This is a part of the Investing Series.
Earnings per share is really as easy as it sounds, it is just how much a company has earned in relation to how much stock they’ve issued.
So you could ask the questions when you’re evaluating a company:
If a company has earned $100 million in a year, how much of that $100 million is allocated to each stock?
If I own 100 stocks, is it $1000 per stock? $10 per stock?
That’s all basic earnings per share means.
HOW TO CALCULATE BASIC EARNINGS PER SHARE
This is going to sound complicated, but it really isn’t:
Basic EPS = (Net Income – Preferred Dividends) / Weighted Common Shares Outstanding
To break down each part:
Net Income = How much a company makes per year
Preferred Dividends = How much a company gives to each preferred stockholder (this is not the same as a common stockholder!)
Weighted Common Shares Outstanding = How many common stocks have been issued by the company
LET’S DO AN EXAMPLE OF BASIC EARNINGS PER SHARE
Let’s do Verizon today!
You could just take the shortcut and look at Google Finance to tell you that it is $0.40 for every $50.56 share you own.
Or you can do it the long way (once) to see if you get about the same number:
Net Income = $875,000 (in thousands)
Preferred Stock (which would indicate there are preferred dividends as well) = $0
..which would give us the NET INCOME applicable to common shares:
Common Shares Outstanding = 2.86 B (as in billions)
But those common shares outstanding need to be converted into weighted average shares outstanding.
WAIT BUT HOW DO YOU CALCULATE WEIGHTED SHARES OUTSTANDING?
This is where it gets tricky.
Let’s say a company has 50,000 shares at the start of the year. Midway through, they issue another 50,000 shares.
The calculation would look like this:
50,000 at the start of the year x 0.5 (first half the year)
= 25,000 as weighted shares
100,000 midway through the year x 0.5 (half the year, or the rest and last half of it)
= 50,000 as weighted shares
Weighted Shares = 25,000 + 50,000 = 75,000 to use in the EPS.
You have to take all of that into account to come up with an average for the whole year.
This still doesn’t help us, because it means we’d have to go through each company statement filed of how many shares issued at what dates, and do exactly the above, but a lot more complicated.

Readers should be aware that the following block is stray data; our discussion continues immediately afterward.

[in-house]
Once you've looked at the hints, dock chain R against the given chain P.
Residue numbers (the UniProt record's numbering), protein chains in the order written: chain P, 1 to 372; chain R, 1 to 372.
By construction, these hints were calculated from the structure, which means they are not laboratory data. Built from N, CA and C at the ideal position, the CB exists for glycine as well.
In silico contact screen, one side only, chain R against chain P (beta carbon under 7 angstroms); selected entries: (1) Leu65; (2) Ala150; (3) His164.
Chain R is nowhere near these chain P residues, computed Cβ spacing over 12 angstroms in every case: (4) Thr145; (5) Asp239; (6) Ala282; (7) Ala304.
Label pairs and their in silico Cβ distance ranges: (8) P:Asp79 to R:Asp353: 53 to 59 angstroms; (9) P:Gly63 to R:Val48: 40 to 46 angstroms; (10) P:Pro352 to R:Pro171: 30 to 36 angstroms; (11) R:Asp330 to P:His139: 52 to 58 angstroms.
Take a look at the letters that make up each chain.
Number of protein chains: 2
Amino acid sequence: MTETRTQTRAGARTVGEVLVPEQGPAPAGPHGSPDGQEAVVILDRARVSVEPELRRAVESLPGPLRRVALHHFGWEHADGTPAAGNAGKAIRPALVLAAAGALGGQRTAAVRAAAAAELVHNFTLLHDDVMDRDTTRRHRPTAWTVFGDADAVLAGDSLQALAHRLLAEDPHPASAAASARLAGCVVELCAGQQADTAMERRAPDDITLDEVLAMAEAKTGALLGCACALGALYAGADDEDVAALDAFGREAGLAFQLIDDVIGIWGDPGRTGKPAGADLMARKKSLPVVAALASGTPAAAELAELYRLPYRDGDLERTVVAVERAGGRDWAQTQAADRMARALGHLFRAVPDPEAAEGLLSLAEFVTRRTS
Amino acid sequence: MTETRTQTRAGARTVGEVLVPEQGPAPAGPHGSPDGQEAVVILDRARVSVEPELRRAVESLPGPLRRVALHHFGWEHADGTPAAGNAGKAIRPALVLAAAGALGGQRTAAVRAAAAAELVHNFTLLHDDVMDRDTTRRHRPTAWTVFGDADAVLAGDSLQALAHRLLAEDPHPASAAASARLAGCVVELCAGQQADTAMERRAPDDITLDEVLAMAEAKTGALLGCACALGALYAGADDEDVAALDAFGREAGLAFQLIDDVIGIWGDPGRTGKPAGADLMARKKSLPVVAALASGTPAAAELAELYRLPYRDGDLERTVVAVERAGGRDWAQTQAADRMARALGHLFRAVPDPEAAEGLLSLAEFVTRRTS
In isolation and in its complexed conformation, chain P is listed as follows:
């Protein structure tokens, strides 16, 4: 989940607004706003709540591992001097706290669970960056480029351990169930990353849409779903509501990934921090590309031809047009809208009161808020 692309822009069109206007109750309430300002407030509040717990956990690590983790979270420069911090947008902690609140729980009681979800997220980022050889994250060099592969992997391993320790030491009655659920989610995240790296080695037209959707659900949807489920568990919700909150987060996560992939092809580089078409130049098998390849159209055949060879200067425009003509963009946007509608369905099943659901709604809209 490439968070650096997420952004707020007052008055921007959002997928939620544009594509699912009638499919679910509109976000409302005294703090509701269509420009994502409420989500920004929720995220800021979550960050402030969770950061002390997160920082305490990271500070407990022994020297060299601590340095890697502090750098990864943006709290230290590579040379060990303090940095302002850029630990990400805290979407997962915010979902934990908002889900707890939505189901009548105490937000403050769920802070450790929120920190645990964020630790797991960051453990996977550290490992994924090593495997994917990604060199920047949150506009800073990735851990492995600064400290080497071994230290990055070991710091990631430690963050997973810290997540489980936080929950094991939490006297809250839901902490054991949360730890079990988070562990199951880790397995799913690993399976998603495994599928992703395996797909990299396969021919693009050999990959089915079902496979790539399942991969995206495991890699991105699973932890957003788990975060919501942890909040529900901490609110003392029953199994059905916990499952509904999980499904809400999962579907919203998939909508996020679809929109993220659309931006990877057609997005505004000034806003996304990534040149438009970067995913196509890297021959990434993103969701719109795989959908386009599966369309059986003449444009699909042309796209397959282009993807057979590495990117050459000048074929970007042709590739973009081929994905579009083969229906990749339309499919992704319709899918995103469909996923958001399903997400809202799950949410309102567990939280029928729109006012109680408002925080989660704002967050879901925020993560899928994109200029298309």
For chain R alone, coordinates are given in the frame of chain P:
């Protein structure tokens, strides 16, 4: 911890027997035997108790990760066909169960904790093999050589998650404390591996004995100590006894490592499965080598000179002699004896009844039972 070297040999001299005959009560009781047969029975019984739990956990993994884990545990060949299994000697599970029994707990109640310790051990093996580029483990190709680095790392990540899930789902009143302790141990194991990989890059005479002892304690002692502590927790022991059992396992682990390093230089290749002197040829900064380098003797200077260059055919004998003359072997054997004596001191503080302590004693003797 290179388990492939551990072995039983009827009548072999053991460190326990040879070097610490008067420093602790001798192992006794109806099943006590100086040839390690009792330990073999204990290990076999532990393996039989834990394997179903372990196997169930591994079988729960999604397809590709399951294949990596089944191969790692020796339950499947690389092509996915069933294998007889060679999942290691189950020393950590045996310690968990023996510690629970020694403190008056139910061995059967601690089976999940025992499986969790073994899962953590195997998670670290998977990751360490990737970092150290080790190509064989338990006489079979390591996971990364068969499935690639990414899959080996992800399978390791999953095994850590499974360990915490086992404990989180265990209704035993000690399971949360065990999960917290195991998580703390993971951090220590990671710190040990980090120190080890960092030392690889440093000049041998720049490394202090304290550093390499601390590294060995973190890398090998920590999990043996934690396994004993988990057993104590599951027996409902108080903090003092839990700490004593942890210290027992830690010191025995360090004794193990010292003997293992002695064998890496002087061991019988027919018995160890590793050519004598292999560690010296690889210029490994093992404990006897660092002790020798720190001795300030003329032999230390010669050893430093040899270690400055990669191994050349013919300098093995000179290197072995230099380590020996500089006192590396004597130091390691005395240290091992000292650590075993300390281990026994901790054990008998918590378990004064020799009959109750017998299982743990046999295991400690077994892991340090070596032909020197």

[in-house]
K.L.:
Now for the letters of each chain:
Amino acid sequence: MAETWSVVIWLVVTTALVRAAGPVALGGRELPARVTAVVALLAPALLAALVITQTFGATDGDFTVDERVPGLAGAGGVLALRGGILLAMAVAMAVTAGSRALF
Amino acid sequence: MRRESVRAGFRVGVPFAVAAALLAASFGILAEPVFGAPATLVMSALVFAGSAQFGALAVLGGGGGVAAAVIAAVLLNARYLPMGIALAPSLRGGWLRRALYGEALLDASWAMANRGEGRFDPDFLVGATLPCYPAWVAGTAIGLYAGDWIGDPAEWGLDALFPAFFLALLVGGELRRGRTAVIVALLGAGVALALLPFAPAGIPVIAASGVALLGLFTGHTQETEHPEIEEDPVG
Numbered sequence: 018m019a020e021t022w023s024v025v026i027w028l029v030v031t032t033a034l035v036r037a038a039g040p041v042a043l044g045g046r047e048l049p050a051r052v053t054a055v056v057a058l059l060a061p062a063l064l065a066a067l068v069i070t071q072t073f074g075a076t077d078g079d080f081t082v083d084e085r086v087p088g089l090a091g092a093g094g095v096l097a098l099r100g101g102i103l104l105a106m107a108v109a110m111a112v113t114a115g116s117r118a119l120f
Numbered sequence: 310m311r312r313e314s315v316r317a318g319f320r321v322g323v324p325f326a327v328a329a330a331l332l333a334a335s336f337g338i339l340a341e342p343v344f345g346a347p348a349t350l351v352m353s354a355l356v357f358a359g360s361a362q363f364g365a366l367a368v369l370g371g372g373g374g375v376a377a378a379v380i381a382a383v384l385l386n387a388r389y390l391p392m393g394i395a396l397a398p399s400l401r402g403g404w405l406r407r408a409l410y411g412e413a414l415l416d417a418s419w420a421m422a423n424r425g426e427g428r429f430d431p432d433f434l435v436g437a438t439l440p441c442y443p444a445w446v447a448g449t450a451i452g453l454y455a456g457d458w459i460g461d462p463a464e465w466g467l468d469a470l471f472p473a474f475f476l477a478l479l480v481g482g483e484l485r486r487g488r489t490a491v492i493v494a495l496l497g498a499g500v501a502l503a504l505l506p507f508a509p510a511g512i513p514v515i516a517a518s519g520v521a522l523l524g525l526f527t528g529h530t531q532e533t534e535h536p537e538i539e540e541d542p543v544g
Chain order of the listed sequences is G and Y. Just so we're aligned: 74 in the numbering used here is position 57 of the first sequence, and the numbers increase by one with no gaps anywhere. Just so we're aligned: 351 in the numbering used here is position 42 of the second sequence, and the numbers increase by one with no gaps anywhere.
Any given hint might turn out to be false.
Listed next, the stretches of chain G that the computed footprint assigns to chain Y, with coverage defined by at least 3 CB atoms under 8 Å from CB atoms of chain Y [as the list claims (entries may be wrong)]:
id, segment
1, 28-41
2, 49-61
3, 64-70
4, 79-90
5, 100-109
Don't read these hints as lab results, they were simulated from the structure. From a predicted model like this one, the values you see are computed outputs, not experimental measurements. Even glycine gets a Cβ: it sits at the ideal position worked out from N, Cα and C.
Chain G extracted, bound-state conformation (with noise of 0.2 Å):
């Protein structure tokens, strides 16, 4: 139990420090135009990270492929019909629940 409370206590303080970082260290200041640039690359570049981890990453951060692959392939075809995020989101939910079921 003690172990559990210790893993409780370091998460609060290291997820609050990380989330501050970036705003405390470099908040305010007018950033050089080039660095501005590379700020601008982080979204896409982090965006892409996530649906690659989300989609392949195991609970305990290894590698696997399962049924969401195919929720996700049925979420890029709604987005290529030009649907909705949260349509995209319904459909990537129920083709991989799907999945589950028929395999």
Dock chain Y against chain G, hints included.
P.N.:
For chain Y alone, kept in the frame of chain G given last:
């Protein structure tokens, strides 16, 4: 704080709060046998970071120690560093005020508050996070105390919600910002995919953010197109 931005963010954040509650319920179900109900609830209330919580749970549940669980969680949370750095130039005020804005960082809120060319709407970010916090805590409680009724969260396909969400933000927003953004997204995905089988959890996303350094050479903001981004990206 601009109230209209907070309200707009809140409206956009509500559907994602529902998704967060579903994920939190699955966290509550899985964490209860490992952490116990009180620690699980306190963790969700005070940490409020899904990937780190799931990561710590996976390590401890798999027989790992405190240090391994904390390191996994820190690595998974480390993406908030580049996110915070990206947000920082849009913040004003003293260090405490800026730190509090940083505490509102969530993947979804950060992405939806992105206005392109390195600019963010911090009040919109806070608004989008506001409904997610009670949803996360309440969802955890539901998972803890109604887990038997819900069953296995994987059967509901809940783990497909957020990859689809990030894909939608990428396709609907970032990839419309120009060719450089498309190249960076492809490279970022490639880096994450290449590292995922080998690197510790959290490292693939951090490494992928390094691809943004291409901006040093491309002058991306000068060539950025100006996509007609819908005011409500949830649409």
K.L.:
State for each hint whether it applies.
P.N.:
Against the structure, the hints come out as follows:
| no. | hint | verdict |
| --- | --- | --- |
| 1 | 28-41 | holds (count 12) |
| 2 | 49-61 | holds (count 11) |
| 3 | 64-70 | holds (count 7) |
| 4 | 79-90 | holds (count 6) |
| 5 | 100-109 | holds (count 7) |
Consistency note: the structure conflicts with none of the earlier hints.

SO WHERE DO WE GO FROM HERE?
We take a look at their SEC filings to see if the form 10-12G pops up.
This SEC form tells us when a corporation issues more company stock.
For all of 2013, it looks like it’s mostly normal, mandatory SEC filings, and no 10-12G forms, so we can (for now), take that 2.86 billion as the common shares outstanding as our number.
PUTTING IT ALL TOGETHER NOW!
(Net Income – Preferred Dividends) / Weighted Common Shares Outstanding
(Don’t forget to normalize the bases when doing calculations, because the net income was in thousands but the shares were in billions)
($875,000,000 – $0) / 2,860,000,000 = $0.305944
…or about $0.30 per share, which would be $0.30 / $50.63 = 0.60%
It is off from Google’s $0.40, but it could have been which numbers I used, or they used.
There you have it.
THIS DOESN’T SOUND LIKE A GOOD DEAL!
Ah but don’t forget that companies pay dividends too, so while their EPS may not look so hot, their dividend yields look better at $0.51 per share for a yield of 4.07%:
EPS is just a metric to see how a company is doing, but don’t focus on it by itself. Use it as a filter.
SO HOW DO YOU REALLY WANT TO LOOK AT USING EPS?
As a metric, to see how it looks with ALL the other financial ratios out there.
You may for instance, want to see how much capital they have used to generate such earnings.
A company that is using MORE capital to generate the same earnings as a company that is using less, is not as efficient.
You also want to be aware of how companies can use tricks to make their net incomes look bigger and better, when in fact they’re inflated.
Note: for a more conservative calculation, people also do a fancy calculation with DILUTED EPS, which takes into account that if the company starts to sink, they will have lots of people (who are all ahead of you, the lowly common shareholder in line), calling in their debts.
- EPS means Earnings per share
- Earnings per share means how much net income a company makes per share issued
- We care about earnings per share because we want to know how much we get per share
- This calculation does not take into account common dividends paid out, only preferred ones
- Use EPS as a single ratio or metric, not as the be-all and end-all